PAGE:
When HP Lovecraft wrote the definition of the genre he more-or-less invented, he did it with the understanding that weird fiction was always going to be a niche taste. In his 1927 essay, Supernatural Horror in Literature, he declared that: "tales of ordinary feelings and events, or of common sentimental distortions of such feelings and events, will always take first place in the taste of the majority; rightly, perhaps, since of course these matters make up the greater part of human experience." Barely able to generate an income, chewed up and spat out by the pulp magazines, and finally, dying painfully of untreated stomach cancer ten years later, Lovecraft could reasonably have expected to be forgotten.

Hide your purse, Steam is having a stealth-game sale

Eldritch 99p! Far Cry 3: Blood Dragon £3! Monaco £1.86!

I wonder: do you end up saving money in sales or spending more because things are on sale? Regardless, Steam is having a sale, a stealth-game sale, which lasts until Friday, 16th October, 6pm BST.

Eldritch review

Eldritch review

Ex libris.

What's the true mark of a good Roguelike? Permadeath? Procedural generation? Dangerous loot? I'd argue that it's something else, something that emerges from all these elements. In a good Roguelike, things can go wrong for you very, very quickly. Catastrophe takes flight and grows huge teeth. Misfortune develops a fearsome work ethic.

Misfortune definitely punches a clock in Eldritch. Sure, it's not actually that difficult to complete this dark-hearted dungeon dive with the current balancing, but you can rest assured that when any given run starts to fall apart, calamity will be swift and comprehensive. Take the other day: I'm tooling through a horrible palace of sandstone, feeling pretty good about things. Up ahead I spy a lizard. The lizard spies me. He starts to run. I start to shoot. In fact, I'm spamming the trigger like an idiot. All five bullets wasted - I was eating a muffin at the time - and I accidentally chuck my gun at him too. Then I accidentally chuck the other item in my two-slot weapon inventory. It's dynamite - bouncing off a wall and right into my lap. This was obviously not what I had planned.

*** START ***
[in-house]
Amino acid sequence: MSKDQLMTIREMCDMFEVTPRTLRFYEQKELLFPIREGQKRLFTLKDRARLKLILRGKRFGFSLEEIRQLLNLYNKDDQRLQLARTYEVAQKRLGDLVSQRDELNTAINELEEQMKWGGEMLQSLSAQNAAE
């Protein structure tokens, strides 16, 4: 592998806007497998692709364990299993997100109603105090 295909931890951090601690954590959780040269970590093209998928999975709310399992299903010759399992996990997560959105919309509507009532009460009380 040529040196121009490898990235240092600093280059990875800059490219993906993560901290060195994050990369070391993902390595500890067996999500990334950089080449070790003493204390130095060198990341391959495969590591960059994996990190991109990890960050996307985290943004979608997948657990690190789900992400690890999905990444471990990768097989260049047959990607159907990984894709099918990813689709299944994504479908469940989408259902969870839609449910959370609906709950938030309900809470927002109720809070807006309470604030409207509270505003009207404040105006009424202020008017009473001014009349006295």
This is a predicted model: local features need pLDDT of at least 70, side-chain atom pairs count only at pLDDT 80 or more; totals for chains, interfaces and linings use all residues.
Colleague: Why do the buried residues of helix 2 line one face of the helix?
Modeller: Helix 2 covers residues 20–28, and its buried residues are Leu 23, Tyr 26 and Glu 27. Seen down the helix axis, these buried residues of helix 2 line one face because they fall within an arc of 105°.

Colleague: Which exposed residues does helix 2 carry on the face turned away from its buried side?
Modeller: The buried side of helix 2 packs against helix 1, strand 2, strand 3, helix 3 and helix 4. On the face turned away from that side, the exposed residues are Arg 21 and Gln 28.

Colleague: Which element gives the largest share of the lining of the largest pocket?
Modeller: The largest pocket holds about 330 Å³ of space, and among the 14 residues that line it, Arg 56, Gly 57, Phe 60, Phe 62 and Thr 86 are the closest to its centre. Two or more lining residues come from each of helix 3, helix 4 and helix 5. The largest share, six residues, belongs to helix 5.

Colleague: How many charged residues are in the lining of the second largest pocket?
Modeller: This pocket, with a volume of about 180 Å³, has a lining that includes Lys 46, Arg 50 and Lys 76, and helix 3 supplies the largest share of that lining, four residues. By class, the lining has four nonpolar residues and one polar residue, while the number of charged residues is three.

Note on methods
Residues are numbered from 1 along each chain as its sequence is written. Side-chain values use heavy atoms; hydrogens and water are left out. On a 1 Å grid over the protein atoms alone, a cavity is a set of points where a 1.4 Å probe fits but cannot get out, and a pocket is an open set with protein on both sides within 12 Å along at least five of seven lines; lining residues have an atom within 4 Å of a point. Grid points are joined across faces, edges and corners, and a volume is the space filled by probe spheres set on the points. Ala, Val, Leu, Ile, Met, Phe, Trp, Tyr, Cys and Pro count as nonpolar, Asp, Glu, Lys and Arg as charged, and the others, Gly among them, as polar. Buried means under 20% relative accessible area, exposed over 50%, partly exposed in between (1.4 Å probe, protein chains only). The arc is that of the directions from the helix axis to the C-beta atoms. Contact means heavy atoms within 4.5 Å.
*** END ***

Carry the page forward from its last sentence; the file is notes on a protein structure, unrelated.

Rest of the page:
But that's Eldritch for you - a sweetly toxic blend of Lovecraft, Minecraft, Spelunky and BioShock. Those are some strong influences right there - those are some bold, rich flavours. Thankfully, Eldritch is able to draw them all in and emerge distinct and characterful in its own right. It avoids the typical pitfalls of video game maths.

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Ex-BioShock and Borderlands devs announce first-person action roguelike Eldritch

The Pittman brothers, David and J. Kyle, had pretty cushy gigs at 2K until they left to start their own company, Minor Key Games. David used to be an AI programmer on BioShock 2 and he led the AI team on The Bureau: XCOM Declassified, while J. Kyle was a programmer at Gearbox working on the Borderlands titles. Now they've gone rogue with their debut title, Eldritch, a Lovecraftian action roguelike due on 21st October for PC.

Despite the horror theme, Eldritch is bright, colourful and cartoony with a minimalist blocky aesthetic and first-person view that recalls Minecraft more than anything. That being said, it will be more action-focused than Notch's insanely popular building block classic and more akin to something like Spelunky. Also like Spelunky, you'll unlock shortcuts to deeper dungeons so you go.

Eldritch can be pre-ordered from its official site for $15, which will guarantee beta access around the end of September. Or onlookers can always support Eldritch non-financially by voting for it on Steam Greenlight.

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